Depression is one of the most frequent mental disorders, at the point that affects more than 350 million people in the world and it is estimated that causes about 850,000 deaths per year. In fact, the main problem lies in the fact that more than half of the people do not undergo treatment, so they give free rein to suicidal ideas.
The incomprehension around it also contributes to aggravate symptoms such as despair and the feeling of loneliness. Often, those who surround the depressed person, have a wrong view of this mental disorder because they think that it is a problem of character that can be overcome simply by force of will.
Undoubtedly, this problem not only affects the depressed person but also those who love him and share his day to day. However, sometimes as much as we read about depression, we cannot really understand what the person feels. Fortunately, there are excellent movies about depression that can help us put ourselves in the place of the other and have a more realistic perspective of this disorder.
The movies about depression that best reflect this problem
- Ordinary people (1980)
Directed by Robert Reford, this psychological movie won four Oscars and several Golden Globes. I warn you that this is a long film but it is worth watching until the last frame. It tells the life of a typical middle class family with two children. When one of them dies in an accident, the other experiences an anguishing sense of guilt that leads to deep depression and attempts to commit suicide.
From this point, it begins a film that shows a young man who is torn between the extreme indifference of his mother (who reproaches him for having survived his favorite son) and the fake joy of the father. Particularly interesting are the dialogues between the parents (Donald Sutherland and Mary Tyler Moore) as they show us how certain beliefs and behaviors can aggravate the depression of a close person.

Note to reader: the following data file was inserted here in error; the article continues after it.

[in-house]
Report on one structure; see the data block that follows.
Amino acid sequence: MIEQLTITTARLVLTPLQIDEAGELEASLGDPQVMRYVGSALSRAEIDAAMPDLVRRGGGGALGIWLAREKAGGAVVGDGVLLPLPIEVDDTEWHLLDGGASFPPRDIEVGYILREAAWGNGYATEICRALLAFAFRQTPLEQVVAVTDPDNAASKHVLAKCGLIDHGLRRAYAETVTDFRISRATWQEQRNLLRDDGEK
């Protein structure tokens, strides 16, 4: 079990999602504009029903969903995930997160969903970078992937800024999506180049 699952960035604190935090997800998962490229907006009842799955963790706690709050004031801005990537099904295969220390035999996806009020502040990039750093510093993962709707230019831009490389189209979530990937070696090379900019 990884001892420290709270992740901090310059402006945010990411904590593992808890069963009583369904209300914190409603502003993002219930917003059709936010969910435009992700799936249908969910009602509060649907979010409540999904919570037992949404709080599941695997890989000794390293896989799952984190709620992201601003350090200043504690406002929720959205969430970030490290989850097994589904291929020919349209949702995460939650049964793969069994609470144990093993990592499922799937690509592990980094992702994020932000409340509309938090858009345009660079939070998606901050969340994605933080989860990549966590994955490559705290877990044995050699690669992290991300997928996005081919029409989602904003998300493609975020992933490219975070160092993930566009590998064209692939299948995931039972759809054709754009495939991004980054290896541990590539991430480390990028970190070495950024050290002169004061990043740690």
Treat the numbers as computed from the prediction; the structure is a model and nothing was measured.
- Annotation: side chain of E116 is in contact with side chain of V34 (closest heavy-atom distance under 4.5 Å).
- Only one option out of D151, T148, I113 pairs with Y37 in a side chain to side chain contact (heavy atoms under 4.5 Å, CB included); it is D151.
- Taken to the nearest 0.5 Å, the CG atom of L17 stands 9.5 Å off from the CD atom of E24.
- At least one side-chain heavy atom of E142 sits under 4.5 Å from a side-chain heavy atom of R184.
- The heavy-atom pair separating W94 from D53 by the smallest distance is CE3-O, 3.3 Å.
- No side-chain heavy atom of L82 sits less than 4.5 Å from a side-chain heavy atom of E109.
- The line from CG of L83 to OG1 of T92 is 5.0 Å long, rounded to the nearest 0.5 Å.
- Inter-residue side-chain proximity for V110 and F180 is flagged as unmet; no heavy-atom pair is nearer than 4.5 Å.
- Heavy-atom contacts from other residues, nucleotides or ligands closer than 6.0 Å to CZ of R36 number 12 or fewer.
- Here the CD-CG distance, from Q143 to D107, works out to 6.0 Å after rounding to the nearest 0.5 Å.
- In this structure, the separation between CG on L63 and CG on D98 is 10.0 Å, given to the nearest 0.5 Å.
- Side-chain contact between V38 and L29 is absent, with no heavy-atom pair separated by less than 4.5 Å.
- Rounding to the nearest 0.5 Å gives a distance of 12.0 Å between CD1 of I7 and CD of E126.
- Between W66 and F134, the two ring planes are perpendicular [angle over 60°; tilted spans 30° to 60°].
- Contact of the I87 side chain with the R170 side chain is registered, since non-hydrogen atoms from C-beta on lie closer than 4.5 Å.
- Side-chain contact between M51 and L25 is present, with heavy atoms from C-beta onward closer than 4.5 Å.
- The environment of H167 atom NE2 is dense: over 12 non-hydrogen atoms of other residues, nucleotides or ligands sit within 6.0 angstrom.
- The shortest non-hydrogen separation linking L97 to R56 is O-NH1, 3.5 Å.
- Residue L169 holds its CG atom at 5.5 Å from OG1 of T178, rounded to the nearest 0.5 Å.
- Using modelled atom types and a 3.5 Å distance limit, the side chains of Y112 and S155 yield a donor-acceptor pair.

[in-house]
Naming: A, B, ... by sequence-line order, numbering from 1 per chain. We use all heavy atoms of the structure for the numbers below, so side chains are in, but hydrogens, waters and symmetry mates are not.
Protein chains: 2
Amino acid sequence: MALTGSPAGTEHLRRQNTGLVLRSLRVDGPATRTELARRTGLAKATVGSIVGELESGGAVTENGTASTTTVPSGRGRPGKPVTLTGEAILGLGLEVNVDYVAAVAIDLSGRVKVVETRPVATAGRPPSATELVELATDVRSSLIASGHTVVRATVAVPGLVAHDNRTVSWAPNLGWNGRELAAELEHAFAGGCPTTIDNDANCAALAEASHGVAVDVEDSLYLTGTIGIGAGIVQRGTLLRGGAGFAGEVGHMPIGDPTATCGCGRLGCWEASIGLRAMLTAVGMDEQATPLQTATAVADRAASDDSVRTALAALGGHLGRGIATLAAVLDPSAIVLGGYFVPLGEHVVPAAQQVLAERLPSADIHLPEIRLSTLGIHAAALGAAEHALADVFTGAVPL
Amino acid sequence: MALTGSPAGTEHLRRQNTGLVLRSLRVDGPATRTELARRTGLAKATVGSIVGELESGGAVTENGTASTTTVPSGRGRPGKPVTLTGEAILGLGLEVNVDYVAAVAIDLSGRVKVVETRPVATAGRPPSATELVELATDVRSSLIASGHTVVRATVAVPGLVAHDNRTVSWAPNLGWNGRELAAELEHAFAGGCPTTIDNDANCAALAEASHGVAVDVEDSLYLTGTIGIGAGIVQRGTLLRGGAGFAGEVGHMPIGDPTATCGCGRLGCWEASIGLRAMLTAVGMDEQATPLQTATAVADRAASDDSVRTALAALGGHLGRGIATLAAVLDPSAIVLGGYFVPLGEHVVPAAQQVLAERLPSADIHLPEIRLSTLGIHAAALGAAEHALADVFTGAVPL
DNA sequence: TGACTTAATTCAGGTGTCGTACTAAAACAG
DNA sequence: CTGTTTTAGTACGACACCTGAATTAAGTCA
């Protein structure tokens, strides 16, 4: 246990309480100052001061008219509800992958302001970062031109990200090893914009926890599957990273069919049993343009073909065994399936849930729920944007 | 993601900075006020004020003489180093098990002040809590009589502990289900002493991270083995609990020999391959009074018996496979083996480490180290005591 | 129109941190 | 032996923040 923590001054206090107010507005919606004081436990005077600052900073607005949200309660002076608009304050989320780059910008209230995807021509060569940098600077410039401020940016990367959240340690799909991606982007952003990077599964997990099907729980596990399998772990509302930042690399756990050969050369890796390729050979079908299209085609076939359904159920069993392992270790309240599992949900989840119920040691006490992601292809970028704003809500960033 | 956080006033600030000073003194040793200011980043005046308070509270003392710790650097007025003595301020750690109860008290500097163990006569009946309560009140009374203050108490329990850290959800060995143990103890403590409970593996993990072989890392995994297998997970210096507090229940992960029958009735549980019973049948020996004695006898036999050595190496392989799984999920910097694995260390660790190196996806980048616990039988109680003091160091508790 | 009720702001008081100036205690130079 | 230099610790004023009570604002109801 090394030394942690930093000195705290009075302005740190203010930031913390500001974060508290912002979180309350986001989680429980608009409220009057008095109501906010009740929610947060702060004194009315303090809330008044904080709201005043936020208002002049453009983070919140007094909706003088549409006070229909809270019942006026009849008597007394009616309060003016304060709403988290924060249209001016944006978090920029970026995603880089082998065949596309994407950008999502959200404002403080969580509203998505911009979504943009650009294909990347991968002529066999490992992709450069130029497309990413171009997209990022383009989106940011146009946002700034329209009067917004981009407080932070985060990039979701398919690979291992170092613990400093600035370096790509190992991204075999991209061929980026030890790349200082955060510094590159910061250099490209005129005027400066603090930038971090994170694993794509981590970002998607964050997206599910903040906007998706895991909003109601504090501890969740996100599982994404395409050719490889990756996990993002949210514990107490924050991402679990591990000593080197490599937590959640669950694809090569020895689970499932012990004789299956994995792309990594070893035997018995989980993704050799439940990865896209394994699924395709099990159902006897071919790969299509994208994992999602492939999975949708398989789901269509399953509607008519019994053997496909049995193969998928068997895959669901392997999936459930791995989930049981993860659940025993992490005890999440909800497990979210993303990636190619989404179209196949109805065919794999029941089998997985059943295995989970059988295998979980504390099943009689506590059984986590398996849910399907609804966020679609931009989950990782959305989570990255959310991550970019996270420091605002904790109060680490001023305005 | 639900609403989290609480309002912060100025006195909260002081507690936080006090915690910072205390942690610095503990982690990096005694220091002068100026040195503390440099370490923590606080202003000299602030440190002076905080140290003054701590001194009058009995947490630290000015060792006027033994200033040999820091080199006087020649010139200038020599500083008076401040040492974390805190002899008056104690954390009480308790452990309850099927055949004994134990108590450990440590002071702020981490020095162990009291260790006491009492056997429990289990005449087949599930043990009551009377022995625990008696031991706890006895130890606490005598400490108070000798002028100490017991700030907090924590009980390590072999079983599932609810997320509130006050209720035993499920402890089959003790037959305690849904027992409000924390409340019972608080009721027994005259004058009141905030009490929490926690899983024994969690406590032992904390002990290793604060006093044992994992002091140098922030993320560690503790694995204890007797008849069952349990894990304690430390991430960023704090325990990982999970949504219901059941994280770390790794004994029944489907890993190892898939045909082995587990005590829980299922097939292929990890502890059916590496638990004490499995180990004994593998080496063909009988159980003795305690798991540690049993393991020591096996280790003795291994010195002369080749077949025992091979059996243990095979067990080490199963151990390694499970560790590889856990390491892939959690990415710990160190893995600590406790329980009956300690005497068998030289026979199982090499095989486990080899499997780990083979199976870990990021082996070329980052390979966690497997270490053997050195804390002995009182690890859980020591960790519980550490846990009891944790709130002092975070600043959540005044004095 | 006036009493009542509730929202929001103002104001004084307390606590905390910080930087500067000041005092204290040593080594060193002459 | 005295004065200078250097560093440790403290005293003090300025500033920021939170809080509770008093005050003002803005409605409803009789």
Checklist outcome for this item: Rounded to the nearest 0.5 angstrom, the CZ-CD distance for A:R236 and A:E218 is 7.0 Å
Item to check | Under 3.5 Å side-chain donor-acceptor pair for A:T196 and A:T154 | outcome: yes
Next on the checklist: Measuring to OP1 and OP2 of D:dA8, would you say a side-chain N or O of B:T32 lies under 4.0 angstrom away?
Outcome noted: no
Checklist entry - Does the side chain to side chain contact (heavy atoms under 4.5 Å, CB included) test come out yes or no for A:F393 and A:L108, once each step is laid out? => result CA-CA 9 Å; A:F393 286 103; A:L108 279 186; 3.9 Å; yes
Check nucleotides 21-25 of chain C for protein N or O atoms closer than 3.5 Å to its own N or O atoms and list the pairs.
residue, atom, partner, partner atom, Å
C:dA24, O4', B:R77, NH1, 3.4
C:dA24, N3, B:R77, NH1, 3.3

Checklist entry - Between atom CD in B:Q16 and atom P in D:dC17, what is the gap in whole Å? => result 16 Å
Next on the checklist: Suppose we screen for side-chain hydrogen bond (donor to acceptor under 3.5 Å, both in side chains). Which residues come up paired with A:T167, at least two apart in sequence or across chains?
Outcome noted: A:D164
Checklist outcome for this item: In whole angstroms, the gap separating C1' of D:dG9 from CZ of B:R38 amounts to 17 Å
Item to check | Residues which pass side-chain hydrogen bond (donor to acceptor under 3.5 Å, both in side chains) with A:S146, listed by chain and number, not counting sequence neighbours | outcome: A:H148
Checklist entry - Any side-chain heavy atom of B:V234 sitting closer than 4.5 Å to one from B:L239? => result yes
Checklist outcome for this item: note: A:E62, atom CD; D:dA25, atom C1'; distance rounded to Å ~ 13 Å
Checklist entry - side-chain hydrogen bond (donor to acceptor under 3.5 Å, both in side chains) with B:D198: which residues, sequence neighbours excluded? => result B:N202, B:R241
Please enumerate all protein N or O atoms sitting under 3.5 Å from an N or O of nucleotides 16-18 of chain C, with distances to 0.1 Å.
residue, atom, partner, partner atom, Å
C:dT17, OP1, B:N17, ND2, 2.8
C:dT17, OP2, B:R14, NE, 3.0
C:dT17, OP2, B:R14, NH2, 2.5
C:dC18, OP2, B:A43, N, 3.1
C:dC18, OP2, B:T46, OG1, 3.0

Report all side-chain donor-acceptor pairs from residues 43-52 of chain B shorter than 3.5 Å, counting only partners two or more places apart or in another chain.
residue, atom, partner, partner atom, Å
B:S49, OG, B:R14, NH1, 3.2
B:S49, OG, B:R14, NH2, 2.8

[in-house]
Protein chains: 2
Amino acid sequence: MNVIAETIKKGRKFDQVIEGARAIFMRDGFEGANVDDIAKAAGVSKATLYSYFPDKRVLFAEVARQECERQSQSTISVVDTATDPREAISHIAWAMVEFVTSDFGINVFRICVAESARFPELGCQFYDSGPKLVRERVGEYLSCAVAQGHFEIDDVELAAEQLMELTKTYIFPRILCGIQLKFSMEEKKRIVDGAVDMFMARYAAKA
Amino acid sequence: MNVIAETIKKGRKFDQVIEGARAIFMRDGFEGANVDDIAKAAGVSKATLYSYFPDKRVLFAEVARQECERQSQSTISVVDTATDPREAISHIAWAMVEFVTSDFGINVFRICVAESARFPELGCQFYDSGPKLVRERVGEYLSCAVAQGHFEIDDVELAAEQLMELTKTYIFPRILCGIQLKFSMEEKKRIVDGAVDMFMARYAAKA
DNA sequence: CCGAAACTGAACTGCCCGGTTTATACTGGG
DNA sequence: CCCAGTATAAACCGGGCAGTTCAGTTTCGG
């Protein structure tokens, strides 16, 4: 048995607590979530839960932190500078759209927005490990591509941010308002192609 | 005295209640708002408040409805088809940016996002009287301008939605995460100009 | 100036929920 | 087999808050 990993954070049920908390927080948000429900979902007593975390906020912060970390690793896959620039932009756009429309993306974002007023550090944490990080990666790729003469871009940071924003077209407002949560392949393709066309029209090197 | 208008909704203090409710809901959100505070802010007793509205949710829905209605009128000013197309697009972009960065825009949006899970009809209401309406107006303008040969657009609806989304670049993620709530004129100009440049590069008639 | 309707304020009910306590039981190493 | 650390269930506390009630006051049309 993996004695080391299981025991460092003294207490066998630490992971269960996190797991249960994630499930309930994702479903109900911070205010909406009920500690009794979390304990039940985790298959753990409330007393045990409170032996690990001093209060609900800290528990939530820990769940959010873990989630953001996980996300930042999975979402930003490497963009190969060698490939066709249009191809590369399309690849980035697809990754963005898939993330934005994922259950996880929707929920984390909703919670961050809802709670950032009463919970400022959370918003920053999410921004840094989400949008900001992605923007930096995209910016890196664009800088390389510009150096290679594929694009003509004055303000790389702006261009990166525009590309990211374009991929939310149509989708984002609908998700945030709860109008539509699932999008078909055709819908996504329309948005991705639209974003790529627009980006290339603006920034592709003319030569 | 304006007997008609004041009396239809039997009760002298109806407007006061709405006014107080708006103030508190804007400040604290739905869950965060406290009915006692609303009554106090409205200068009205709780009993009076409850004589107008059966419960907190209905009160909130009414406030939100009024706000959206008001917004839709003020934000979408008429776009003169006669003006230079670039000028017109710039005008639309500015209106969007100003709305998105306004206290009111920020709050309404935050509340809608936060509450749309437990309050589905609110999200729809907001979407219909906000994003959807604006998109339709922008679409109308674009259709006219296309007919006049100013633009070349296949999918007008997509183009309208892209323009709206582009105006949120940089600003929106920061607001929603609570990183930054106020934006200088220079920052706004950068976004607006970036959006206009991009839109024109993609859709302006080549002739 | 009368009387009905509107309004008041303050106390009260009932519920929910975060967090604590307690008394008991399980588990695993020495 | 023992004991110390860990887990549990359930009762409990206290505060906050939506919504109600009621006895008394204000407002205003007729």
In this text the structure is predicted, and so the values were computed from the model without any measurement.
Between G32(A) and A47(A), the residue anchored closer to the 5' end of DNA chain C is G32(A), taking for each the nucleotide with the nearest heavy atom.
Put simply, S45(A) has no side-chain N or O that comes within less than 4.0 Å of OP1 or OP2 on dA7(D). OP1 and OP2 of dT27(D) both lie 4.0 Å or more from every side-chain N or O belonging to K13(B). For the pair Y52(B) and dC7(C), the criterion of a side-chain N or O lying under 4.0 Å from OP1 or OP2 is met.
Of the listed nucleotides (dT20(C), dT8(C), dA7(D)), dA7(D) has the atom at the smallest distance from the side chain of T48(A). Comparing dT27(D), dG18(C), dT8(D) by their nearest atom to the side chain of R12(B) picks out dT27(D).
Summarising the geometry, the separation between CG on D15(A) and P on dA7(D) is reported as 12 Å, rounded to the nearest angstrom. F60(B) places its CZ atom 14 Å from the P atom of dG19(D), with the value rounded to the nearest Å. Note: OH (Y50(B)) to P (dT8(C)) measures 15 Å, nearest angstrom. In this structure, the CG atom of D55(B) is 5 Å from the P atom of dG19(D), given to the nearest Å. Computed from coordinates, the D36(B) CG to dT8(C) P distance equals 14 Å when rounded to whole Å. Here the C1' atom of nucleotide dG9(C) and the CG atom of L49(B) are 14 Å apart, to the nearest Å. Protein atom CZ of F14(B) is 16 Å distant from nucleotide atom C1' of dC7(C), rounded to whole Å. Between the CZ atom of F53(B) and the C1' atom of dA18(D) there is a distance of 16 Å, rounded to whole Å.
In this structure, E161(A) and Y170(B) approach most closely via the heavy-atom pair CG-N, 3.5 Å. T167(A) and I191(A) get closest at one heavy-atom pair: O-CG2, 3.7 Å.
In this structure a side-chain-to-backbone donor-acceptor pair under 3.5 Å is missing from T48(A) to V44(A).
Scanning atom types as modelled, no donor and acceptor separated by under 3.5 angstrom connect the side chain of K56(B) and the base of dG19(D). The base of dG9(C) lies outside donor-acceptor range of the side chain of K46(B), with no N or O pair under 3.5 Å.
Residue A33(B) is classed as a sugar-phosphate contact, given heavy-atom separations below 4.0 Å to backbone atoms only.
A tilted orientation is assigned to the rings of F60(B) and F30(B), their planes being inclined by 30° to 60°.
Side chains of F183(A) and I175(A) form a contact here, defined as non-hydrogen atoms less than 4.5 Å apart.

- The hours (2002)
It is the story throughout a day, of three women who belong to different eras but are connected through a Virgina Woolf novel. Especially interesting is the story brought to life by Julianne Moore, a classic woman of the 60s with an husband and a son who supposedly leads an ideal but not satisfying life that precipitates her in a suicidal attempt.
Nor can we forget a completely unrecognizable Nicole Kidman who plays the writer Virginia Woolf, who suffered a bipolar disorder. The relationship with her husband shows us how sometimes, in the attempt to help and with the best of intentions, family members worsen the disorder behaving as if the other person had no voice or vote to make decisions about his own life.
Finally, Meryl Streep leads us through her friendship with an Ed Harris who suffers from AIDS at a very advanced stage and has decided to take his own life.
- Prozac Nation (2001)
It is an adaptation of the bestseller of the same name written by Elizabeth Lee Wurtzel, where the American writer and journalist narrates her passage through the major depression. With Christina Ricci in the leading role, I warn you that you cannot expect a great work cinematographically speaking but the movie is very interesting to understand the conflicts suffered by a person with depression and the problems faced by those close to him, like his mother (role played by Jessica Lange).
In this movie we can appreciate the sensation of lack of control over the emotions lived by people with depression, and their fruitless struggle to get out of this state, a daily fight that becomes exhausting. It is also interesting the way in which the protagonist clings to external objects (such as the husband) with the hope that it is her lifeline, as well as the continuous relapses that she suffers, which show a less sweetened and more real vision of major depression.
- About Schmidt (2002)
This movie, starring Jack Nicholson, narrates the life of an old man who has just retired. After having lived for the company, he feels completely lost and displaced without his work. To make matters worse, his wife dies suddenly leaving him alone. Nicholson seeks support in his daughter but realizes soon that he has no place in her plans.
Contrary to other movies where sadness feels home, in this one the moments of pain merge with sarcastic and even sympathetic comments so, in the end, it leaves a good taste in the mouth. It is an excellent tool to understand depression instigated by loss, old age and loneliness.
- The beaver (2011)